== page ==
These archetypes – the Domain Expert, the Cheerleader and the Truth Teller – each have their pros and cons, but when I was an entrepreneur, I preferred the Simon-like Truth Teller. It’s the dead-on feedback from the Truth Teller that pushes a board and a company forward. Even when it’s painful to hear. You can’t solve tough problems in start-ups (and what problems aren’t tough when trying to create a multi-million dollar business from scratch?) until you face up to them and articulate and explore them fully. The Truth Teller doesn’t let human nature’s conflict avoidance tendency kick in, but rather pushes you to see the flaws and address them.
Which American Idol judge would you prefer to have on your board?
I’m addicted to American Idol. For its 10th season, Steve Tyler and J.Lo replaced Ellen and Simon as judges.
i was the same as you. i was never a fan until i started watching it. i am now hooked on it.
While Simon is great when you’re SEARCHING for constructive advice, however I wouldn’t him to be the manager of my employees.
A lot of people are very sensitive to criticism, and if you criticize too much, you’ll end up offending the individual rather than get them to do want you want them to do. And when people get offended, they don’t do their jobs properly and you will suffer turn-around.
Something to thing about.
Give me a Simon on the Board any day.
The Truth can hurt, but you need the Truth to Succeed.
Simon needs to remind the Contestants that the Show is looking for a Super Star(s) and the Contestants need to show that quality.
I enjoyed this funny post. I have also had to watch this show because of children. I hated it, then enjoyed, and now I don’t have to watch it anymore. It is very repetitive. Interestingly, American Idol contestants do very badly in selling records compared to other major performers who do not go on the show – so Simon is basically right – they are all bad – and not because they can’t sing – but because they can’t write material or perform well. Actual artists don’t need this show, and don’t want it’s constraints – kind of like why take VC money 🙂 ?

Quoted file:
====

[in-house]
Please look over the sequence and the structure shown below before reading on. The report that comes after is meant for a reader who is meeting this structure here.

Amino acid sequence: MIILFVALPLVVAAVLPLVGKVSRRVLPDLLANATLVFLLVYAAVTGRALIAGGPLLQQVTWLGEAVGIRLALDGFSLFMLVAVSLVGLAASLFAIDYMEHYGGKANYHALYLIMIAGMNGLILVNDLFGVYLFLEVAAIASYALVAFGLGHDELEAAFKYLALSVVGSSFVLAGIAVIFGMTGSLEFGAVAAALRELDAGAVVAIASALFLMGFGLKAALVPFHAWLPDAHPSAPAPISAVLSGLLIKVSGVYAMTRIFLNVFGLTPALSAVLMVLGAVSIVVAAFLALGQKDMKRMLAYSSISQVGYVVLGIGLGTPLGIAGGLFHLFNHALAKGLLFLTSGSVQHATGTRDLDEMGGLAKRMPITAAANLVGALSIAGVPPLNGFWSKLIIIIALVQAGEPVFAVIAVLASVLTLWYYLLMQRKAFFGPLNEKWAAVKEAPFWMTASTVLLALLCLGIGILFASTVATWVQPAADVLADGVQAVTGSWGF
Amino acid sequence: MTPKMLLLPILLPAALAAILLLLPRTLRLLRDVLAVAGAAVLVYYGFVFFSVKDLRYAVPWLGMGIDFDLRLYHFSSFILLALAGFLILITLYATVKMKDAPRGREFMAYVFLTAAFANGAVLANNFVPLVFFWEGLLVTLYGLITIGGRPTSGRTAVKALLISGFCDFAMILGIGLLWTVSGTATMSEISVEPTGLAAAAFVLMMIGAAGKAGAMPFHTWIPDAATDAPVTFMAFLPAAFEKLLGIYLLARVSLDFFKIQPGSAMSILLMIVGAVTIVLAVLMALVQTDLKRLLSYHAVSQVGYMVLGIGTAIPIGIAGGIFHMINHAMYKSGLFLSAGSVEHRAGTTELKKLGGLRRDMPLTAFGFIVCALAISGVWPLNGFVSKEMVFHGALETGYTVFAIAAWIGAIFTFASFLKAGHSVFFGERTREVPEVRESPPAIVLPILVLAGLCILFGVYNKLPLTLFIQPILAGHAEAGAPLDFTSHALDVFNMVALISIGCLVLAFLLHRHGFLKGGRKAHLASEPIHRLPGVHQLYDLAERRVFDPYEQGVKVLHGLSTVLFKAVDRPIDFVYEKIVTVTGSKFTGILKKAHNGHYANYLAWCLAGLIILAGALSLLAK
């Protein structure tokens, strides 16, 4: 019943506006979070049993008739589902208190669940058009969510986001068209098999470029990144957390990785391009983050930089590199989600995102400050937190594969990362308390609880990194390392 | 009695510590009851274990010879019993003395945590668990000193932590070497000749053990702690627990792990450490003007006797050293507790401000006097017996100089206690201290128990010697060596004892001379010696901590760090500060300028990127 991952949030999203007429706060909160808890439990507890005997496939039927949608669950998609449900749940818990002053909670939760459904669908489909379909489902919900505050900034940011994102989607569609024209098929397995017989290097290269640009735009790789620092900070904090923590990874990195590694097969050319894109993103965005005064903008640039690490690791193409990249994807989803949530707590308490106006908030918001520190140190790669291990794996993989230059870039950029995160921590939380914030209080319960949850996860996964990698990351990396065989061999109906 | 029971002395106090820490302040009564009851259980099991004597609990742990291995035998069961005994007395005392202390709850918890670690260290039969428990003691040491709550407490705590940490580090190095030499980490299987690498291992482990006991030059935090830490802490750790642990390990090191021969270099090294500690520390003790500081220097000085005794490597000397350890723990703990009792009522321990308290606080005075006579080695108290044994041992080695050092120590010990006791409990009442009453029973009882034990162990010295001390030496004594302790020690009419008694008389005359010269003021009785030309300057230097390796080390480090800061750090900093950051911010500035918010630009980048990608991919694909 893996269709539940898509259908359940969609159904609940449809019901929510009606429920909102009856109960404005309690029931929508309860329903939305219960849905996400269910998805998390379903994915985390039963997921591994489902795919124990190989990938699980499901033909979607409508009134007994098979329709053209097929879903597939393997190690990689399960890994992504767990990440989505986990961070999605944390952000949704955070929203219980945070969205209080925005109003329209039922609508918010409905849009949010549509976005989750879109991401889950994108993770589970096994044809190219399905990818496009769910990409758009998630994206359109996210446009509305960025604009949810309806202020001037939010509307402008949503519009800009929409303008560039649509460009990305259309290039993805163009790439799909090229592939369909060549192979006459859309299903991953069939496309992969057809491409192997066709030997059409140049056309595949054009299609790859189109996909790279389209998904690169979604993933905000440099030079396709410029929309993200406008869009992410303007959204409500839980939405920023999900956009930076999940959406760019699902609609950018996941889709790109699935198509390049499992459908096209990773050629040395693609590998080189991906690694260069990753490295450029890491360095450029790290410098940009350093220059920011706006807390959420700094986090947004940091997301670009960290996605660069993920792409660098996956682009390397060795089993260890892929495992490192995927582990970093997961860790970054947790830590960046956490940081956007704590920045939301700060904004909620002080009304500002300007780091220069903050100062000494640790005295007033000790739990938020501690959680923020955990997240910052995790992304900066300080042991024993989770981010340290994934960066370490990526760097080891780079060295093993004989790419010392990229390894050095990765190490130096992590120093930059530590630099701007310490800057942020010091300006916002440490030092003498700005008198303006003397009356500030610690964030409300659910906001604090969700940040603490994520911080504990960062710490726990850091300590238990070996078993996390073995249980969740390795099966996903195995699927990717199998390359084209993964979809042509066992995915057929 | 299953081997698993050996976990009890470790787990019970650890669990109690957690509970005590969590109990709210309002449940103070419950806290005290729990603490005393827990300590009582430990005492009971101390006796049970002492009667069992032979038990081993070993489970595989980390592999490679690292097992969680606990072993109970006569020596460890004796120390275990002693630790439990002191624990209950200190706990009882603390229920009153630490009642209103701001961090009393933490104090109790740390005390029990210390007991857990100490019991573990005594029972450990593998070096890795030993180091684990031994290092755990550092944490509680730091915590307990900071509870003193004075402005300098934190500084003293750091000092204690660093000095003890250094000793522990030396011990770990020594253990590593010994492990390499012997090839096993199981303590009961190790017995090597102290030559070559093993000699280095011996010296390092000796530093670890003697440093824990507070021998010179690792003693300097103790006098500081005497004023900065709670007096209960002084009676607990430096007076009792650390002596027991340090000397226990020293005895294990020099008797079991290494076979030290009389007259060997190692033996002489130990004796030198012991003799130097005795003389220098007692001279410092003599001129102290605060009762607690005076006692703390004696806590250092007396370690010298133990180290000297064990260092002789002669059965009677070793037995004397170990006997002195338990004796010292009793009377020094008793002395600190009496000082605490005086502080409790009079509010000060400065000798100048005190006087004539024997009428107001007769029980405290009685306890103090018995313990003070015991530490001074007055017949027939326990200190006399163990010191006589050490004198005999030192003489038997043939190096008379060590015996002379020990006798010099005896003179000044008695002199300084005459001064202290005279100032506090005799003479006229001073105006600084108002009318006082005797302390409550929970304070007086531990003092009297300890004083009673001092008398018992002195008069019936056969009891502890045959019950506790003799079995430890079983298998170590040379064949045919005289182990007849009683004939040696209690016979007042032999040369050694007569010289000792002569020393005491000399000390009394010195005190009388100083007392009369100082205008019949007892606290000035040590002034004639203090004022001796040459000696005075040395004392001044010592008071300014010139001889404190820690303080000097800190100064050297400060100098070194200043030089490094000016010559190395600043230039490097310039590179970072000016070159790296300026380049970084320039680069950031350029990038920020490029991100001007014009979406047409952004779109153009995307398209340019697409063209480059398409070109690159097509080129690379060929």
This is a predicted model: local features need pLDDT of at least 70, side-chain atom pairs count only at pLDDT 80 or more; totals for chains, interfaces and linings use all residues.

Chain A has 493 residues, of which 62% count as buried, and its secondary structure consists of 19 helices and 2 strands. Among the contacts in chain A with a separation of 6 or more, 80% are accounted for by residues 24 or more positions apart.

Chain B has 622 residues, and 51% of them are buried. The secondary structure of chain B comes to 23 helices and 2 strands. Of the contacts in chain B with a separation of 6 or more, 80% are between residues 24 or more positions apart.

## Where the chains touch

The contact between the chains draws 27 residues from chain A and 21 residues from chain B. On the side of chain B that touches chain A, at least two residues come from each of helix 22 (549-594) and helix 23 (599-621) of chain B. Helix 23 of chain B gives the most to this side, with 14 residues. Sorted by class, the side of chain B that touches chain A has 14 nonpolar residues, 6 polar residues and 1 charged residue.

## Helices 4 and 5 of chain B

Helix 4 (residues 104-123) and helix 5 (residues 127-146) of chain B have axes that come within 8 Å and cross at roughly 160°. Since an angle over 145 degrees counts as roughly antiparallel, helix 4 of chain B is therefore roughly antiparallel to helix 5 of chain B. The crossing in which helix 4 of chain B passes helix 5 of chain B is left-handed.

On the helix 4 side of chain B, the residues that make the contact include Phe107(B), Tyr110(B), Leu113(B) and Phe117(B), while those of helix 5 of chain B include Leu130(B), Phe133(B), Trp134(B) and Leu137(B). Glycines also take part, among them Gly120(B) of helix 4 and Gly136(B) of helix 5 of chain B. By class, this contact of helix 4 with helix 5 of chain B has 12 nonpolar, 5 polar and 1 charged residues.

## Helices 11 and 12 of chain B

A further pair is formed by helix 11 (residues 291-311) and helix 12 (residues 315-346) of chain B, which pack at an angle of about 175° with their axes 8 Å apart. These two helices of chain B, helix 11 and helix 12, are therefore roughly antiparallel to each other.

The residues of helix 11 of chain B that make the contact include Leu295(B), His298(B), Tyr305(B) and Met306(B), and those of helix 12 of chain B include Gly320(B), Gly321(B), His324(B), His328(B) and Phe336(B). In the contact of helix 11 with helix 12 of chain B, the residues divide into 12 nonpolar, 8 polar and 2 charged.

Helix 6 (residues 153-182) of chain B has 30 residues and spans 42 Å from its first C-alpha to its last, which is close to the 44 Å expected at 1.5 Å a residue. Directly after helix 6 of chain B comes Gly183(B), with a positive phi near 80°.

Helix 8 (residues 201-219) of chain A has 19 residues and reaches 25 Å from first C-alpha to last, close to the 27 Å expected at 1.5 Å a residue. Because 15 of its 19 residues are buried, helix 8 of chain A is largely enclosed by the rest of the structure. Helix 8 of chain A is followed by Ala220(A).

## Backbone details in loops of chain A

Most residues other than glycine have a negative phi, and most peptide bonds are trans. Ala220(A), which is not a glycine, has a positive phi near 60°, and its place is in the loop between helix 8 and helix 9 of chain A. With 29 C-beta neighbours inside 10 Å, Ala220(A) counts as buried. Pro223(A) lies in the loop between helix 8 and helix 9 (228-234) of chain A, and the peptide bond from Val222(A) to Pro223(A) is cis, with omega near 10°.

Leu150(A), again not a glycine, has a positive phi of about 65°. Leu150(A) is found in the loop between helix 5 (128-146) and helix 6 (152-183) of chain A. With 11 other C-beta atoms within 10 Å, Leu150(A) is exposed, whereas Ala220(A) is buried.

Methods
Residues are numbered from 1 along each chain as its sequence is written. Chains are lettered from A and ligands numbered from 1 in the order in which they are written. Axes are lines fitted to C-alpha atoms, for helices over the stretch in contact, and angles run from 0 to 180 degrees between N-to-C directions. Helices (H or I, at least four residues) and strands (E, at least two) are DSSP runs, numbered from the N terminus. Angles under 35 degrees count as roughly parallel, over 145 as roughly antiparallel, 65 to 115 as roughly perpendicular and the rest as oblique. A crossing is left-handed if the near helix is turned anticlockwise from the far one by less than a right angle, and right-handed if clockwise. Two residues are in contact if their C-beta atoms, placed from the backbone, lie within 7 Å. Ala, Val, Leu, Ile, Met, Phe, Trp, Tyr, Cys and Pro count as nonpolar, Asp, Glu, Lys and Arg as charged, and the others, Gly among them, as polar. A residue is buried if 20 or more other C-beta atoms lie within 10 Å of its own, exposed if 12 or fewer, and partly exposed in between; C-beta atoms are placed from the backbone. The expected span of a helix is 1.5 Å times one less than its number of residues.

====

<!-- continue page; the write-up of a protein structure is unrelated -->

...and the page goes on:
In terms of the board – of course, I want real feedback – but more gently and constructively than Simon – not just you stink – but here are some real suggestions to help.
Of course, I think the biggest issue is that we go to VC’s for money most importantly, so the best kind of director is the one who writes large checks. But, in second place is honest, constructive feedback.
Also, I wanted to point out that your projections seem too optimistic in your March 7 post. Since I just starting reading this blog, I added a late comment back there which was:
Your posts are great!! I am sure a terrific guide. And I appreciate the optimism of the graduating classes. One point. Kelsey Advertising reports on Always On today that the total Global Advertising market for 2007 was about $605 billion. They expect the total global market at $707 billion in 2012, and the internet to be 21% of it or about $149 billion. The link is http://alwayson.goingon.com/permalink/post/25115
The “shift of nearly $1 trillion of global advertising to the web” seems a bit overly optimistic.
Perhaps the very substantial slowing in the growth of google ad clicks and its 40% stock price drop is an indication that market growth rates and expectations are falling.
I myself have been forced to watch American Idol and I must say it is growing on me as well. The fact that it is recorded and we only watch the “good parts” has a lot to do with why I agree to watch it at times.
VCs have to be Simone. At the end of the partnership both groups want to walk out with a hefty wallet, sugarcoating doesn’t help.
Take a look at my website, BostonNightLife.TV, don’t sugarcoat anything. I need VC money to make this grow…